(Written by Lorca)
If you are any type of FOL (Fan-of-LEGO), whether casual, adult, or teen, chances are you have had a desire to meet other LEGO aficionados like you. If you live in an area with many FOLs, all you have to do is perform a quick search online and join any one of the LUGs (LEGO User Groups) in your area. However if you happen to live in an area where fellow LEGO fans live in closed pockets and a gathering of them is hard to come by, the only choice you have is to start your own group. And that was exactly my predicament, so I thought to share with you what I did as it may help you in a similar situation. 🙂
I drafted the concept for my own LEGO group after I attended a very small LEGO club meeting for homeschoolers called the “Homeschool LEGO Club”. There were only four members, including me. I had been particularly disgruntled at the unfair, self-centered LEGO trading conduct of the head of the club. That night I researched the possibility of another LEGO club in my area, but the nearest was Indy-LUG two hours away, and it is exclusively for ages 18 and over. So the only option I have left is to forge my own LEGO club, and thus LEABI was born (which stands for LEGO Enthusiasts Association of Bloomington Indiana).
I wrote a set of LEGO trading and conduct bylaws (set up for an array of possible trading catastrophes) and also wrote the following guidelines for all potential members:
- You must be a mature 12-18 years old. Mature, because the bylaws are for emergency use only. 12-18 is because a problem that plagued the other LEGO club was the fact that it had started to become a toddler playground, with many 7-year-olds gallivanting about the room.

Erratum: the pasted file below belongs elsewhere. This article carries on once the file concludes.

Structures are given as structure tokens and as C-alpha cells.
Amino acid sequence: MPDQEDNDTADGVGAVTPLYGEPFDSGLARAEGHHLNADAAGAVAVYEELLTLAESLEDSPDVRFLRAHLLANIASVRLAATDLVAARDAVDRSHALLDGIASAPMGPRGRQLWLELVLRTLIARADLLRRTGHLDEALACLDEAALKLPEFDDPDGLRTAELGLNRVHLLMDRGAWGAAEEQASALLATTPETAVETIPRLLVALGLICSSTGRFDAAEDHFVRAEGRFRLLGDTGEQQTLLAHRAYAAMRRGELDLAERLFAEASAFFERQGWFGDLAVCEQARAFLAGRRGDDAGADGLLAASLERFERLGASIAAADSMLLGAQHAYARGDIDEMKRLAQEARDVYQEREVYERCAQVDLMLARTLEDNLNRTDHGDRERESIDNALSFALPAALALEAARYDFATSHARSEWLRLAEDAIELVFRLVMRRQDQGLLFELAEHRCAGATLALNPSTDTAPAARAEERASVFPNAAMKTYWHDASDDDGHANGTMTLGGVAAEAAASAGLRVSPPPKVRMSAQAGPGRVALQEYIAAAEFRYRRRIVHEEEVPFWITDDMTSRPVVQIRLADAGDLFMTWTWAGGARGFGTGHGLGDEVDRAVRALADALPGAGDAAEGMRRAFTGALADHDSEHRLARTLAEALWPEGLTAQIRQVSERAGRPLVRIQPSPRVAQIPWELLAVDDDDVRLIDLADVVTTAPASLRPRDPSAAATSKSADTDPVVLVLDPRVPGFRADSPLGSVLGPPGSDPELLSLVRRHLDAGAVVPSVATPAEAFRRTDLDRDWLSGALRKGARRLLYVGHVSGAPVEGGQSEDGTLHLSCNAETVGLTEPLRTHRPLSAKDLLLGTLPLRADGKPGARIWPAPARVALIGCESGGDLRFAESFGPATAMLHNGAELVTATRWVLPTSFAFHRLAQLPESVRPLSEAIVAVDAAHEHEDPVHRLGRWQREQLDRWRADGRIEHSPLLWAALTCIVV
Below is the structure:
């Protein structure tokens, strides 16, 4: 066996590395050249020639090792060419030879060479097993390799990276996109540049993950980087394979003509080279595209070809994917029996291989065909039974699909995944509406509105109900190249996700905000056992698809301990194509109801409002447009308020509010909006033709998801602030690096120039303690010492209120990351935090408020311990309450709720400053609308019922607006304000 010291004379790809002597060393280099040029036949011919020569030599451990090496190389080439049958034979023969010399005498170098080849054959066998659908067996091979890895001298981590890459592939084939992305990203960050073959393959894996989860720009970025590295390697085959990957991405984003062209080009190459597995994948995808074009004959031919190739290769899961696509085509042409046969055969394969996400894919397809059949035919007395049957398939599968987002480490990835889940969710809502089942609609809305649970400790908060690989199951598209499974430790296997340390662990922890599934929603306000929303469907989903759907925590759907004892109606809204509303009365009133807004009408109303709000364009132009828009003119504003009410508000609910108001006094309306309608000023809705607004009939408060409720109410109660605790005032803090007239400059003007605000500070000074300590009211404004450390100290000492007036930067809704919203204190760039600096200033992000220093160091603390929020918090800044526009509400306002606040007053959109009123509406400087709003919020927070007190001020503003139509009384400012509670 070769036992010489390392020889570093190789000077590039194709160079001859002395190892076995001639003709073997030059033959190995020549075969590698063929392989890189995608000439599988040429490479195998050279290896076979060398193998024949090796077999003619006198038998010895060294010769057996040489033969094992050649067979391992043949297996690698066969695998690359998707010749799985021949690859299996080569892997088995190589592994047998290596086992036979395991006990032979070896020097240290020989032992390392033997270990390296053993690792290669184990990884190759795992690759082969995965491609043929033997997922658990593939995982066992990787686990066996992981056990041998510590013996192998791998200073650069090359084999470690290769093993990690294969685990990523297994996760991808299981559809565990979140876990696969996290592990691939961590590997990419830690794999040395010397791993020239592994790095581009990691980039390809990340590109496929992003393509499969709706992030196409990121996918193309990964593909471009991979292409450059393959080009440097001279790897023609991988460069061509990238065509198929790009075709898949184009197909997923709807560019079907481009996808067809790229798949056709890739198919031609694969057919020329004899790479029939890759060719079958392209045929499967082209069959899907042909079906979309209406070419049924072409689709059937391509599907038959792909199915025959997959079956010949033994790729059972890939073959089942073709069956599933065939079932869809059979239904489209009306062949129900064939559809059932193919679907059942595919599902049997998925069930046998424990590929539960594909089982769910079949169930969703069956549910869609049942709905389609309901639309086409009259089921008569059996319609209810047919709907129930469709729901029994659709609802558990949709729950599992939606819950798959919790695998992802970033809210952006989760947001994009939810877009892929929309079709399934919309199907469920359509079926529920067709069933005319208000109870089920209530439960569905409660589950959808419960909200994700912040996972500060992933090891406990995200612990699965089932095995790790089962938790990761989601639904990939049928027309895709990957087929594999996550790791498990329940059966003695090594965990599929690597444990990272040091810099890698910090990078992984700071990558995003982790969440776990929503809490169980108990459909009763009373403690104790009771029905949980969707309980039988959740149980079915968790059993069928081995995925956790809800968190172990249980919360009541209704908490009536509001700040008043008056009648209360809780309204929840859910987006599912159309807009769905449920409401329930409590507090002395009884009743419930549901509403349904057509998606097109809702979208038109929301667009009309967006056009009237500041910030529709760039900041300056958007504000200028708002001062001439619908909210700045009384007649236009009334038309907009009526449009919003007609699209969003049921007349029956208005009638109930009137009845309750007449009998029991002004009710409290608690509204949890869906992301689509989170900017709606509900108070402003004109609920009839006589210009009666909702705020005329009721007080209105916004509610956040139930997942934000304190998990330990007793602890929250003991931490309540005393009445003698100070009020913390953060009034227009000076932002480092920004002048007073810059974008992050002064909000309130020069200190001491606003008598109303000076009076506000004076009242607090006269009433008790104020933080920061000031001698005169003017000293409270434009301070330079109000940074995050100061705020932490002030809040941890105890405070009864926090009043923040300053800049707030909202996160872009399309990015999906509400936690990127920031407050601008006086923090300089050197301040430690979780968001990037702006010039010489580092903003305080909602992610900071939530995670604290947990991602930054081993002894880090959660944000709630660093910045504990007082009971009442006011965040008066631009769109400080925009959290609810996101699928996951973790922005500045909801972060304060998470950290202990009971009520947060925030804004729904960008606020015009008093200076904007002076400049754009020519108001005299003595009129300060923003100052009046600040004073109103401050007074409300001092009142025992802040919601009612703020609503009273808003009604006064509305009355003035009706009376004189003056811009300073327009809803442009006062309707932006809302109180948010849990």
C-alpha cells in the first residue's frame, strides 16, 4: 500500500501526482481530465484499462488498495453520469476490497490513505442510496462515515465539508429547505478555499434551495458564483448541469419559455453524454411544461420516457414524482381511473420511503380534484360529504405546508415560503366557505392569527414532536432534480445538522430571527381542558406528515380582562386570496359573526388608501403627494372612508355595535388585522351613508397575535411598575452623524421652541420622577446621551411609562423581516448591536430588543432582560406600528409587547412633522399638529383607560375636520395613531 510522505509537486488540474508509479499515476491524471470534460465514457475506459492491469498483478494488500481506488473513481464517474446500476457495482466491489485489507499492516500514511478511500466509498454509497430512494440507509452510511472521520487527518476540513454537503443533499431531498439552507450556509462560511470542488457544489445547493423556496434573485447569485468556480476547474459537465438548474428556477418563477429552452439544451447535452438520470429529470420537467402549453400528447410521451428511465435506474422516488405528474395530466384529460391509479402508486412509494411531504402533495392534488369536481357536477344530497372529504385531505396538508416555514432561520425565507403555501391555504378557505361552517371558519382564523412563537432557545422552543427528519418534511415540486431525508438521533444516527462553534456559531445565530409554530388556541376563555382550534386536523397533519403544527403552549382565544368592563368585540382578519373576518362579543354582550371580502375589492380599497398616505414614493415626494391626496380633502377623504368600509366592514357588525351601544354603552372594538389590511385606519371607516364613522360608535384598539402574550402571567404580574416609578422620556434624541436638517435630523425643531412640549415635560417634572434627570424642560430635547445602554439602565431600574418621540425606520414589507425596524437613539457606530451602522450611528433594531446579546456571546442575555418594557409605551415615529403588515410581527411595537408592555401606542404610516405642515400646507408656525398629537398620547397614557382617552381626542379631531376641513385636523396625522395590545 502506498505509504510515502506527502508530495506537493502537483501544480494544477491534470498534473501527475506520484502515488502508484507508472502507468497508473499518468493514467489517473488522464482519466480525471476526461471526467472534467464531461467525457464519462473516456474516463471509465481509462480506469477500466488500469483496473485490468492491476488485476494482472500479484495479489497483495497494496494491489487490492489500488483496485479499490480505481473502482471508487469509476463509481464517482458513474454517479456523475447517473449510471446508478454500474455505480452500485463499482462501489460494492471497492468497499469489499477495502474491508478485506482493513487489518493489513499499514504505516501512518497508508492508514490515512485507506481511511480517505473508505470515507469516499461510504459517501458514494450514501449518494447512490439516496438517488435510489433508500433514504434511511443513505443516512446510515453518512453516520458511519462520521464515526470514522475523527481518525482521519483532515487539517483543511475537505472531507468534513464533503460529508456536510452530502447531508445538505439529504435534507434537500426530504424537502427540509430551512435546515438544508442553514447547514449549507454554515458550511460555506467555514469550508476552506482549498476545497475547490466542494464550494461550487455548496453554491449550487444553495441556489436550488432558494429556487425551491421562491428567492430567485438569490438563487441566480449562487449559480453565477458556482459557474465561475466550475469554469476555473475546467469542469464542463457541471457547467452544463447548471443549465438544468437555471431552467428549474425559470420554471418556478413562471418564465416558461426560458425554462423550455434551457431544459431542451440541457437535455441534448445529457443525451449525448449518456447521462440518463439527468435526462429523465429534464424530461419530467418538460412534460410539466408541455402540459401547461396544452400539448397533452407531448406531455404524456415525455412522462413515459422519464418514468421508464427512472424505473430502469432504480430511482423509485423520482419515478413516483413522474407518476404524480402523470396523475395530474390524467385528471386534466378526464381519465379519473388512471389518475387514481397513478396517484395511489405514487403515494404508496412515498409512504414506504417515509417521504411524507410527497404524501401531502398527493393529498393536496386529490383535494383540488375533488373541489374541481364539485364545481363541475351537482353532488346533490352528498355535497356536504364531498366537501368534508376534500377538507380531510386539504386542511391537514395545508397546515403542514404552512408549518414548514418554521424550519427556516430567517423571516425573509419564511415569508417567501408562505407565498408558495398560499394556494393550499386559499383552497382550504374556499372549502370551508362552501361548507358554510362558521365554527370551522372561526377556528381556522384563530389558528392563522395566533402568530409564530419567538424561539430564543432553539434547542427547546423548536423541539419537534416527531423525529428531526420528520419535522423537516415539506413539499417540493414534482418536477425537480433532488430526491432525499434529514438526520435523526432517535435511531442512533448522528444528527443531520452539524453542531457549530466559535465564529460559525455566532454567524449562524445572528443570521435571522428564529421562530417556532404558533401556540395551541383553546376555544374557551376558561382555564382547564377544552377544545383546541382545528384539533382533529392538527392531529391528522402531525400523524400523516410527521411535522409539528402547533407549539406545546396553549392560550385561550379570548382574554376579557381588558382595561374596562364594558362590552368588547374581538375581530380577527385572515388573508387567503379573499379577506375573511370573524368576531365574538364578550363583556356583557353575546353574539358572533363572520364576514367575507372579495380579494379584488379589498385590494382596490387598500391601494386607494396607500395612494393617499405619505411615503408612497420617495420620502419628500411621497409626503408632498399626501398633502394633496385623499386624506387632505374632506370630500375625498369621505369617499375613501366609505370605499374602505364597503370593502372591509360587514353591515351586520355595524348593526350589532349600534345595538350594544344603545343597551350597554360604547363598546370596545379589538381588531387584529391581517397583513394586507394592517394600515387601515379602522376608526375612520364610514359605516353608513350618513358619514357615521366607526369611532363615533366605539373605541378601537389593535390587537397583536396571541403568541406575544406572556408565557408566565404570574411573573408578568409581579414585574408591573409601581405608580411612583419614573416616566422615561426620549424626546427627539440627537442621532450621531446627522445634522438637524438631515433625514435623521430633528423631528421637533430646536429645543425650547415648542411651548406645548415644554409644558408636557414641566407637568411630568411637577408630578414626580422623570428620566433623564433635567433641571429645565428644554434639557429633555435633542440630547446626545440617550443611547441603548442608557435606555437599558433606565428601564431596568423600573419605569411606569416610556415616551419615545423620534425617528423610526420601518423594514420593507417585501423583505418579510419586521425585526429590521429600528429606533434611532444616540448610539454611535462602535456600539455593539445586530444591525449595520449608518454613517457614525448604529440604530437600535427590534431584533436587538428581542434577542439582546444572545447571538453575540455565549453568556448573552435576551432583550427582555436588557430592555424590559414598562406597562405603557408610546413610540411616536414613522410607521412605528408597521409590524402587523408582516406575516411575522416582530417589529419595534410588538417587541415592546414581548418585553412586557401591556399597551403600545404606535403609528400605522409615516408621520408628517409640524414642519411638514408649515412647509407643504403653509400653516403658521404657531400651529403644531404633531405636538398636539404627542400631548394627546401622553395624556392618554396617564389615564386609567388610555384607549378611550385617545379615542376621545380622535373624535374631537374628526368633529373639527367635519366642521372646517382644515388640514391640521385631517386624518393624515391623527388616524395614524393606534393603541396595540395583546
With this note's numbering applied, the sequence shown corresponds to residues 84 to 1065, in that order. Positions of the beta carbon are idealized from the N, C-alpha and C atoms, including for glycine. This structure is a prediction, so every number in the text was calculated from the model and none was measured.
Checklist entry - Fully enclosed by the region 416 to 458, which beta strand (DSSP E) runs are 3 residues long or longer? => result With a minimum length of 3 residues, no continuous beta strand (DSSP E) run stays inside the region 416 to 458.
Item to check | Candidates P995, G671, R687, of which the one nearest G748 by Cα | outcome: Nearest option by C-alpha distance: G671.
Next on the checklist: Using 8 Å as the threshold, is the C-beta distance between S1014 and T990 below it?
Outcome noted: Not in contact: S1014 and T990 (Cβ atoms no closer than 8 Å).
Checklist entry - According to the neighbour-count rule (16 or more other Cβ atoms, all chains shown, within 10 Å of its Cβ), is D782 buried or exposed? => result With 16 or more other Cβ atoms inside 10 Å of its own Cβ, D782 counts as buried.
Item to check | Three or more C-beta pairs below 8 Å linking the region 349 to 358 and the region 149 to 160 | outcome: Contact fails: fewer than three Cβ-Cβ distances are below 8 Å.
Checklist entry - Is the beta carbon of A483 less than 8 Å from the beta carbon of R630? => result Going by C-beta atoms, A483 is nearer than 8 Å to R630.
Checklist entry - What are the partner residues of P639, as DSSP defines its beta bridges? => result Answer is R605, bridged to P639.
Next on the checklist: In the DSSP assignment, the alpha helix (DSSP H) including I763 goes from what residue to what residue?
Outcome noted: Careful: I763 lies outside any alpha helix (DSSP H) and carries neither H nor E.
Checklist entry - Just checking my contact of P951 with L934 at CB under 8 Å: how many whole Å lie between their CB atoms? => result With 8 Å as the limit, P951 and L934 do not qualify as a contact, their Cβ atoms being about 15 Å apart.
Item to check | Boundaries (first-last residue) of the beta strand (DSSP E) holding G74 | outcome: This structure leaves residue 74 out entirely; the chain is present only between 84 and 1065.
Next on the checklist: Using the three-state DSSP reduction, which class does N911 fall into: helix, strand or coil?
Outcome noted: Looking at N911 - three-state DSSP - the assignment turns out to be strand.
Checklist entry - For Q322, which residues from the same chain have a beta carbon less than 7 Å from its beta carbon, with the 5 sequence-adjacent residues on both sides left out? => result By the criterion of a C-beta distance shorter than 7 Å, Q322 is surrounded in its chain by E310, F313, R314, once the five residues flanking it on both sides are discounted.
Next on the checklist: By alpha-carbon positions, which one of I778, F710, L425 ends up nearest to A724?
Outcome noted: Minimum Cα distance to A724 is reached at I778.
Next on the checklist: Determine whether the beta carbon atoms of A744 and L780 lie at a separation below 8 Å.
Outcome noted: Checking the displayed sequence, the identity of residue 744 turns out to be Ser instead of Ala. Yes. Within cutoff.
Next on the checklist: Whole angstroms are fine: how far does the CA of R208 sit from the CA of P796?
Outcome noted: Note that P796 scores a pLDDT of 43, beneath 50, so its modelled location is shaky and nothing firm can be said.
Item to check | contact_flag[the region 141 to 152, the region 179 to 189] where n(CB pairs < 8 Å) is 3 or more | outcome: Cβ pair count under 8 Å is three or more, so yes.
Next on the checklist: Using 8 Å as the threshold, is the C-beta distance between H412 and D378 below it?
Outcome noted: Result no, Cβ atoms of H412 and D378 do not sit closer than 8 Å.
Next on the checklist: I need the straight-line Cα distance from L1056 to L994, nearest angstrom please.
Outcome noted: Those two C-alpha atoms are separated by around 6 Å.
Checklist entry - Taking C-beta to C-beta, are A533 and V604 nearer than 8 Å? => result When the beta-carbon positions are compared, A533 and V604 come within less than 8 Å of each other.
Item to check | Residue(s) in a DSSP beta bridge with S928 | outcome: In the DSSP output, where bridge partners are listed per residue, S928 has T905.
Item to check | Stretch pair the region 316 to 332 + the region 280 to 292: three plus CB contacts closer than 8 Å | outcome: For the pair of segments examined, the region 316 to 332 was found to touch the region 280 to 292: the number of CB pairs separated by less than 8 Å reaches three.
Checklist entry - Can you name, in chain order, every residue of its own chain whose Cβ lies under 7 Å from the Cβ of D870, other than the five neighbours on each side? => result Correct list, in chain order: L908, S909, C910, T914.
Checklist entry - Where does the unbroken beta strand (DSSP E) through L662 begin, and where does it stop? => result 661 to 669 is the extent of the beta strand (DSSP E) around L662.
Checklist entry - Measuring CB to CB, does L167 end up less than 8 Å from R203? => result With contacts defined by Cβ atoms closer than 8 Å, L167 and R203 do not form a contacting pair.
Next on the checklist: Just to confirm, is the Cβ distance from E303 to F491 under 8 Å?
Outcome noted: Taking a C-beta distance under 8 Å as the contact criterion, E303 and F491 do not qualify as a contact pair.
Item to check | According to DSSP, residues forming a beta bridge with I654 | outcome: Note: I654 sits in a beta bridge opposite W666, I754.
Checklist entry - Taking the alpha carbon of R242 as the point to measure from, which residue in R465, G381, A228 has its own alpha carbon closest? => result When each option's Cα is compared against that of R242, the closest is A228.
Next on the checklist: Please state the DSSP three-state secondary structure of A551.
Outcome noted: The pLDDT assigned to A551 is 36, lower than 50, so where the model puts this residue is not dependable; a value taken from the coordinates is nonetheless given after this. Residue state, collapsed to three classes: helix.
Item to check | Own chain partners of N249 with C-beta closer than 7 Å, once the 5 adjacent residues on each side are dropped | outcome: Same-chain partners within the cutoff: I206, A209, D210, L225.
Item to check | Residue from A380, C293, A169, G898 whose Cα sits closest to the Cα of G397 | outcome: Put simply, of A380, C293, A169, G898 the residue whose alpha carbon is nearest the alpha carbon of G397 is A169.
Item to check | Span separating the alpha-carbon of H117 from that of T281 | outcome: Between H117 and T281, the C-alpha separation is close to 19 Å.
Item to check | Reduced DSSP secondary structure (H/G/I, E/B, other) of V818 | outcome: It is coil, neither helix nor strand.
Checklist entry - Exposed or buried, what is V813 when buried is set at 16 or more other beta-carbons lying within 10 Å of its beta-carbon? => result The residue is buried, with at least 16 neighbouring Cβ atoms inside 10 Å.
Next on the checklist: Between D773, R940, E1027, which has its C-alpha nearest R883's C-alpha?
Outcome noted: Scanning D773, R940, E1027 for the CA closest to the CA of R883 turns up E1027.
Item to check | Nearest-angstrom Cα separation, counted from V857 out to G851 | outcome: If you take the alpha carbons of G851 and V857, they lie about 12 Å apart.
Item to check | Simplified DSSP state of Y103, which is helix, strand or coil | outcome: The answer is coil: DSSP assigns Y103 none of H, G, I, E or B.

- Have an above mild interest in LEGO. This is not meant to discourage new LEGO fans, but to keep membership to those who have a real interest in the hobby, and not just have a couple of LEGO sets they never use.
- Have a sizable amount of genuine LEGO. No TFOMBs (Teenage-Fans-of-MegaBloks) please, if that actually exists… 🙄
After writing these rules, I sketched outlines for the LEABI website on paper. The next day I used a website-builder called Moonfruit to put my site design in digital form. I then created a registration form with questions such as “Why do you like LEGO?” and “Why do you want to join LEABI?”. These questions help gauge potential members’ “TFOL-ness”.
After taking the LEABI website online, I made a template for my fliers, which I would hang in various places throughout Monroe County (where I live). A week later I printed copies of the fliers and hung them around well-traveled public areas, the grocery stores, and between the pages of all the LEGO books at my library.
When LEABI has at least five members, LEABI will meet at the Monroe County Public Library once a month. Activities will include showing MOCs (My Own Creations), trading, and discussing LEGO related subjects. We will also trade LEGO, although participating in trading is completely optional. In the future LEABI could also take field-trips to LEGO conventions, LEGO stores, and other LEGO-related destinations.
I hope this article helped you a bit to know what you could do if you don’t have a LEGO club in your area. And if you live in Indiana, you are a TFOL (Teen-Fan-of-LEGO), and would like to join LEABI, please visit the LEABI website and get in touch! If you have any questions about running a club or about joining LEABI, feel free to ask in the comment section below. Thanks for reading! 😉
And you might also like to check out the following related posts:
- LEGO Users Group in South East Asia
- Your LEGO Users Group Online Presence
- Preparing Your LEGO Users Group for a Show
- LEGO Convention: Philly Brick Fest Coming!
- Brickworld – Have Fun at the World of LEGO!
- LEGO Users Group Brick Expo by OKILUG
- LEGO Brick-by-the-Bay Convention – Part 1
- LEGO Brick-by-the-Bay Convention – Part 2